Marleau Coming Home?

According to various sources and reports, the San Jose Sharks and Toronto Maple Leafs are coming very close to making a fairly substantial trade. It would consist of Patrick Marleau and a draft pick going to Toronto for Tomas Kaberle and a young forward. Possibly Alex Steen or Matt Stajan.

The San Jose Sharks would like to get Mats Sundin, but they know Mats Sundin wants to remain a Maple Leaf at this point and will re-evaluate how he feels come the trade deadline. If he does in fact retire at the end of this season, Marleau would be a great replacement in TO.

Look to see how this progresses because both teams are being very aggressive to get this trade done.

210 Responses to Marleau Coming Home?

  1. leafy says:

    Boston 2, Toronto 1

    The frustrating thing with the Leafs is that they don't always play with a sense of urgency until they're behind the 8-ball.

    On Saturday, it wasn't until Boston turned a 1-0 deficit into a 2-1 lead when the Leafs started to skate a little.  Clearly the Leafs cherry pick which games they want to show up for a full 60 minutes.

    Outstanding game by Antropov once again, especially in the defensive zone when under pressure.  He always seems to make the right play.

    A general comment: The Boston game showed that the Leafs could use another high scoring winger to play on the 1st or 2nd line.  When playing against disciplined teams like Boston, the Leafs get shut down quite easily.  They can't seem to skill their way out of strong defensive coverage.  The goals for stat is a bit misleading in my view.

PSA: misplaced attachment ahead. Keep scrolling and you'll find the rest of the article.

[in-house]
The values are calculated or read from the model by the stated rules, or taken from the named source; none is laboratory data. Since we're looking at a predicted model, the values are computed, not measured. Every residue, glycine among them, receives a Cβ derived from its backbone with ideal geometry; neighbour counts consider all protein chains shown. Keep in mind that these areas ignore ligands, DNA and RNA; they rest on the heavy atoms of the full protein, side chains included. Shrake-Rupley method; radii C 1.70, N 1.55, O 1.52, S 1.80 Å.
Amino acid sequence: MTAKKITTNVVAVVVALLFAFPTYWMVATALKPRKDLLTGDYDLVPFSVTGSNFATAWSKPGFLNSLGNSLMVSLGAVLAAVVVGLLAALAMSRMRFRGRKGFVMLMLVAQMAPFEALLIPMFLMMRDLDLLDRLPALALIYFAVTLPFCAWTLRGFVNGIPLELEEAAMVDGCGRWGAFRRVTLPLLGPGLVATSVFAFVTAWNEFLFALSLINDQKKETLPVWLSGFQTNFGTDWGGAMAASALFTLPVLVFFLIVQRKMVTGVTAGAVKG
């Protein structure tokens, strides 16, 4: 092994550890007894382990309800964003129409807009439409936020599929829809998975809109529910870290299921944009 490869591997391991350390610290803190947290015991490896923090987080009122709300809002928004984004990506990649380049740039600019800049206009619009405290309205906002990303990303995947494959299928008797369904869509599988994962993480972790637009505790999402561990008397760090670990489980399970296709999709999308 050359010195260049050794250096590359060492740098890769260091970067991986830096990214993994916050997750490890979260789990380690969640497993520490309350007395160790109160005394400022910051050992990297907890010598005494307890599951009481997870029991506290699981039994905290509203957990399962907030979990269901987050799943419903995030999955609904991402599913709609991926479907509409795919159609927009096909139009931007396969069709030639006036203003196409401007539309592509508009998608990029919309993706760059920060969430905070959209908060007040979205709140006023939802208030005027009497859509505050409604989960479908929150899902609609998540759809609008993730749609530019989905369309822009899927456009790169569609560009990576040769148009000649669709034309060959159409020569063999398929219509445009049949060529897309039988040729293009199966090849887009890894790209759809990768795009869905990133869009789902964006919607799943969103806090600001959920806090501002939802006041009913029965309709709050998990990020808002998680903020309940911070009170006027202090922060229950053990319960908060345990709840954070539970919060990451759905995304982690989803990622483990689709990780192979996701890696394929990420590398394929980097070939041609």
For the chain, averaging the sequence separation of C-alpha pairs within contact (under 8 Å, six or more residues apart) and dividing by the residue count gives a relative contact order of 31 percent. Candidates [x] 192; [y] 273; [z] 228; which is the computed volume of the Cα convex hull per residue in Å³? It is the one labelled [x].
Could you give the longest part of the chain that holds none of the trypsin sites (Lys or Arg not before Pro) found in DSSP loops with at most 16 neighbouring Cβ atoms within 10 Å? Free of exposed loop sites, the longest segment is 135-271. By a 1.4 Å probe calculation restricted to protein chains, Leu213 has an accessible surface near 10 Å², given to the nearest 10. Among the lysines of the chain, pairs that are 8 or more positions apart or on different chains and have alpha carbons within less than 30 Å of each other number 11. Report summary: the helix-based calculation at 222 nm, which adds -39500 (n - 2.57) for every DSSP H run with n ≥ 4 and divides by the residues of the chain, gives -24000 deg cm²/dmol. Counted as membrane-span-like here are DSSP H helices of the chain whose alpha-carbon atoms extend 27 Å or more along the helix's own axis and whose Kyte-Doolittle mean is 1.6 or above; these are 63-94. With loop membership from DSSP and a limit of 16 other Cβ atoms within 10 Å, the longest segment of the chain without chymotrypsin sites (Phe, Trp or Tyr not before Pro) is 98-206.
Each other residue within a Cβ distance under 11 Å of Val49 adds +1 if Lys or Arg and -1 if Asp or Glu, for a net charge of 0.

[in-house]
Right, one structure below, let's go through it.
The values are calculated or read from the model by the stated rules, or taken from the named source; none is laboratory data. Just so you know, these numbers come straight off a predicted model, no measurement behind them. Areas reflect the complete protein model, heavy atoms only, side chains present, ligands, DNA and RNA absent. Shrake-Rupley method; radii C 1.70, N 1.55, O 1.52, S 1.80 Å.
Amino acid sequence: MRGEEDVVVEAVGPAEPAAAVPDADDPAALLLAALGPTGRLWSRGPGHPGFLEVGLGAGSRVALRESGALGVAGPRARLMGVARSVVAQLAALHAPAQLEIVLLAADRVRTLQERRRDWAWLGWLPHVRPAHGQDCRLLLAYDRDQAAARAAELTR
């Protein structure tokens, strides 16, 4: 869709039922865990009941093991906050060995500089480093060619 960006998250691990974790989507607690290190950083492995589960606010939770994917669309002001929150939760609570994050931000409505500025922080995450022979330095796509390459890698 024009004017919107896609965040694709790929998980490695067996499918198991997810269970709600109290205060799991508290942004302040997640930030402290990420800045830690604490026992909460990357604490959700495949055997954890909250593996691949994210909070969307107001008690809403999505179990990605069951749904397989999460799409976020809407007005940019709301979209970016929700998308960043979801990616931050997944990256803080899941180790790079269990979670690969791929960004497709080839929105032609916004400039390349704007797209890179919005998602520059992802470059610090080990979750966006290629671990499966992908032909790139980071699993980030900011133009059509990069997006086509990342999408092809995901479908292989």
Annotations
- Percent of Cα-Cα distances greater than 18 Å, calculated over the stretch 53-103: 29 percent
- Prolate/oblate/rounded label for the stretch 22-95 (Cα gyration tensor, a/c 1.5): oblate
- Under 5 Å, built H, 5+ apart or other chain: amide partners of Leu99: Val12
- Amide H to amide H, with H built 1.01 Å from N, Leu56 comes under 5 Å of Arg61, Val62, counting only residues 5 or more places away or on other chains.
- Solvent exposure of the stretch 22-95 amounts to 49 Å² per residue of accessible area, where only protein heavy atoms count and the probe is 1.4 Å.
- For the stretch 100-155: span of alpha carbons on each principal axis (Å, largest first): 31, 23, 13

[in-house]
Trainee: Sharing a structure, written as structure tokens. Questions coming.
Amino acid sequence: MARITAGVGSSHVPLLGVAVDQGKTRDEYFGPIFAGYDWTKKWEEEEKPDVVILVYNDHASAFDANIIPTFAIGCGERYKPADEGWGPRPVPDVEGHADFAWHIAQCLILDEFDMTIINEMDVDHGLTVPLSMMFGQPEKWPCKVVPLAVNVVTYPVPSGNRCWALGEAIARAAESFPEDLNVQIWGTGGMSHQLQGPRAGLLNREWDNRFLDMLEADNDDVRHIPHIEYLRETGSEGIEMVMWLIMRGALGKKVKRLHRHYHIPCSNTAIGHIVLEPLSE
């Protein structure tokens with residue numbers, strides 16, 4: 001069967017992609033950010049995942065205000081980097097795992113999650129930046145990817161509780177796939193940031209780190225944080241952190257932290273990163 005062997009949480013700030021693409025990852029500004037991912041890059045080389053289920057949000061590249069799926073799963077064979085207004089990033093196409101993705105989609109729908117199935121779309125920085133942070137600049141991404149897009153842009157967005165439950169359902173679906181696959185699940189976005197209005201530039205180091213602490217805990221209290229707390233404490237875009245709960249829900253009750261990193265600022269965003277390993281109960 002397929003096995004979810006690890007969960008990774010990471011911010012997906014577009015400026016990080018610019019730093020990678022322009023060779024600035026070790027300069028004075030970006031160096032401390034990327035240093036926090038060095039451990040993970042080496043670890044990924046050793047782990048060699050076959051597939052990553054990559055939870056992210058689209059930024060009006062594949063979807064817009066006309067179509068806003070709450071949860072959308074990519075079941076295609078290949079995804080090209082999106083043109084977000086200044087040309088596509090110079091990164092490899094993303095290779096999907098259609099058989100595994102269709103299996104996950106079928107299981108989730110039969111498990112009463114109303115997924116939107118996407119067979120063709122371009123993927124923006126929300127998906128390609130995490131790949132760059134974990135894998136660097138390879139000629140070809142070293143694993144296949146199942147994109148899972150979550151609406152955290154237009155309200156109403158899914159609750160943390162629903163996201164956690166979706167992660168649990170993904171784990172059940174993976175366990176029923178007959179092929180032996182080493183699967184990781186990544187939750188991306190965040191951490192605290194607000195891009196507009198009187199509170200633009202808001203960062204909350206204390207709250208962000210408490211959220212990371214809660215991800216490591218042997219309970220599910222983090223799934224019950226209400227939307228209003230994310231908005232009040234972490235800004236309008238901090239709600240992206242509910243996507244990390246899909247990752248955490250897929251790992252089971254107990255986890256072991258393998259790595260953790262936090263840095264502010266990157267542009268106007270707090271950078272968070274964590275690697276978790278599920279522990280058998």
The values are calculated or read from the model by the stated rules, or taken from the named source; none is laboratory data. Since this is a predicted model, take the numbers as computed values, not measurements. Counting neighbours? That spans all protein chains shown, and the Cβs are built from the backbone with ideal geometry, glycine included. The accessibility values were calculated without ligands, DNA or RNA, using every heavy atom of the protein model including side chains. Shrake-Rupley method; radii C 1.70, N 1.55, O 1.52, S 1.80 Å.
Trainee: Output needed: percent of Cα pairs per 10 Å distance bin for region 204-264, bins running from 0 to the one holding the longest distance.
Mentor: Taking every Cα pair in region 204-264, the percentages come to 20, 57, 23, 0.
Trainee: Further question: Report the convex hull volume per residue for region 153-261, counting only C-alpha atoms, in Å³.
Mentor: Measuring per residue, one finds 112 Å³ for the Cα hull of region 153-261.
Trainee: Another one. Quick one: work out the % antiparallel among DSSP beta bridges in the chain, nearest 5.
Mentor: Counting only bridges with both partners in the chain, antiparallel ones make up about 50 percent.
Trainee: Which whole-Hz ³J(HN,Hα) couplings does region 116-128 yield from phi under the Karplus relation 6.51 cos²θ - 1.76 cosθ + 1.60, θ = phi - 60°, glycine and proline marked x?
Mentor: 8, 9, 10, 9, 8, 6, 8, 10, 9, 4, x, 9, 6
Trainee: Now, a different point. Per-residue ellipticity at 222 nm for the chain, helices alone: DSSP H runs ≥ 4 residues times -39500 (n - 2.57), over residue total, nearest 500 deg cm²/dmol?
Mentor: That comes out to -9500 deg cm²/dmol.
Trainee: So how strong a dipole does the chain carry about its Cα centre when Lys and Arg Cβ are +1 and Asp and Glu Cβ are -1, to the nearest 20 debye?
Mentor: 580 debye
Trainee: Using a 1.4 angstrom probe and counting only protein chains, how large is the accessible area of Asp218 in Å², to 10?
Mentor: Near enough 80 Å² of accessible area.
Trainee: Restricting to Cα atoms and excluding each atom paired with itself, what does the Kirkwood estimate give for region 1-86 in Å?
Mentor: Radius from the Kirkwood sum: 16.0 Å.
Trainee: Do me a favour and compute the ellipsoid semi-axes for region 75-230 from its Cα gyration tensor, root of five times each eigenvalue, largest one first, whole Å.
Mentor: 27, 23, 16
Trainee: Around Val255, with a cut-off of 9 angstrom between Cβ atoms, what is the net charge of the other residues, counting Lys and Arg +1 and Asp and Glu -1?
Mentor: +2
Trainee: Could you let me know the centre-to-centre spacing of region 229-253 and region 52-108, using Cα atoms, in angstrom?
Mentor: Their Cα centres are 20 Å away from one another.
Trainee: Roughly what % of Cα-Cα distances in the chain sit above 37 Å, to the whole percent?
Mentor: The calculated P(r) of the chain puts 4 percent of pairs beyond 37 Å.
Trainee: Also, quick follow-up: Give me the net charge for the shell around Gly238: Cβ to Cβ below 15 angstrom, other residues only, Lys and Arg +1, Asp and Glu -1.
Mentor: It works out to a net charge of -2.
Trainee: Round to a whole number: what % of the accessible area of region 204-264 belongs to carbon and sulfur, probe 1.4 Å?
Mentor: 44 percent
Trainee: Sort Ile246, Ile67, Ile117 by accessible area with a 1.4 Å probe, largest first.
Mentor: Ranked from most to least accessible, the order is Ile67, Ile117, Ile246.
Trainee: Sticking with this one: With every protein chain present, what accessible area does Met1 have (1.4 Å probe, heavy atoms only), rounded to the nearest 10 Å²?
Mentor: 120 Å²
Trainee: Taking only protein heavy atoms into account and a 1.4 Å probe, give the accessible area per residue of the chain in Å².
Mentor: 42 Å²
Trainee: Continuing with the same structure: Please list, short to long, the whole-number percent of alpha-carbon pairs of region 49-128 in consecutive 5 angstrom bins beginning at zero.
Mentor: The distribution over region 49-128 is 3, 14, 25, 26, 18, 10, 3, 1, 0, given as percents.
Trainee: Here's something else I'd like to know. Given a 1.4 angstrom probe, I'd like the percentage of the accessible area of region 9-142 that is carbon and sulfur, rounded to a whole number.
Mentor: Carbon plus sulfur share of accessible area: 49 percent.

2. 40grulingyears says:

    I wouldnt want the Leafs to grab Marleau, and ur offer just makes the Leafs a worse team. If i wereto trade for Marleau i would trade 1 for 1, and wouldnt give up your bestpuck moving defenceman in Kaberle. And if San Jose didnt like it, welll too bad for them.

  3. Gamble says:

    Well seeing as how he would instantly become San Jose's best defenseman, I'd say he'd play wherever he wanted.

  4. 92-93 says:

    well lets just say that its not really the message that bothers me (Steen very well could be a bust – i have never ever disallowed that possibility), but its the medium in which is conveyed that has always bothered me (the tone, etc.).

    needless to say, i havent really bothered to even read any of your responses to my comments because i think you and i both can agree that its pointless at this point. the fact of the matter is that you can be a totally cool person to talk with in the real world, but its just in this online world the impression is incredibly different to me.
    as for the streak, no question – there is a false sense among some that the Leafs are much closer to those ahead of them in the standings (and around them) – teams like Buffalo, Pittsburgh, Ottawa, NYR – then they actually  are.
    over time these teams will seperate themselves from the Leafs. right now some leaf fans look at the standings and think that this team is in the thick of it. my point – and i am sure you will agree – is that the standings are incredibly unreliable. a better indicator is the leafs' on-ice play which has been terribly inconsistent and sometimes downright awful.
  5. 92-93 says:

    thats a solid question.

    some nights he looks like a top-6 forward capable of consistently putting up 60+ points a season AND being sound in his own end.
    other nights he is invisible and seems 'doomed' to be a 3rd liner.
    that is my assessment IN A VACUUM.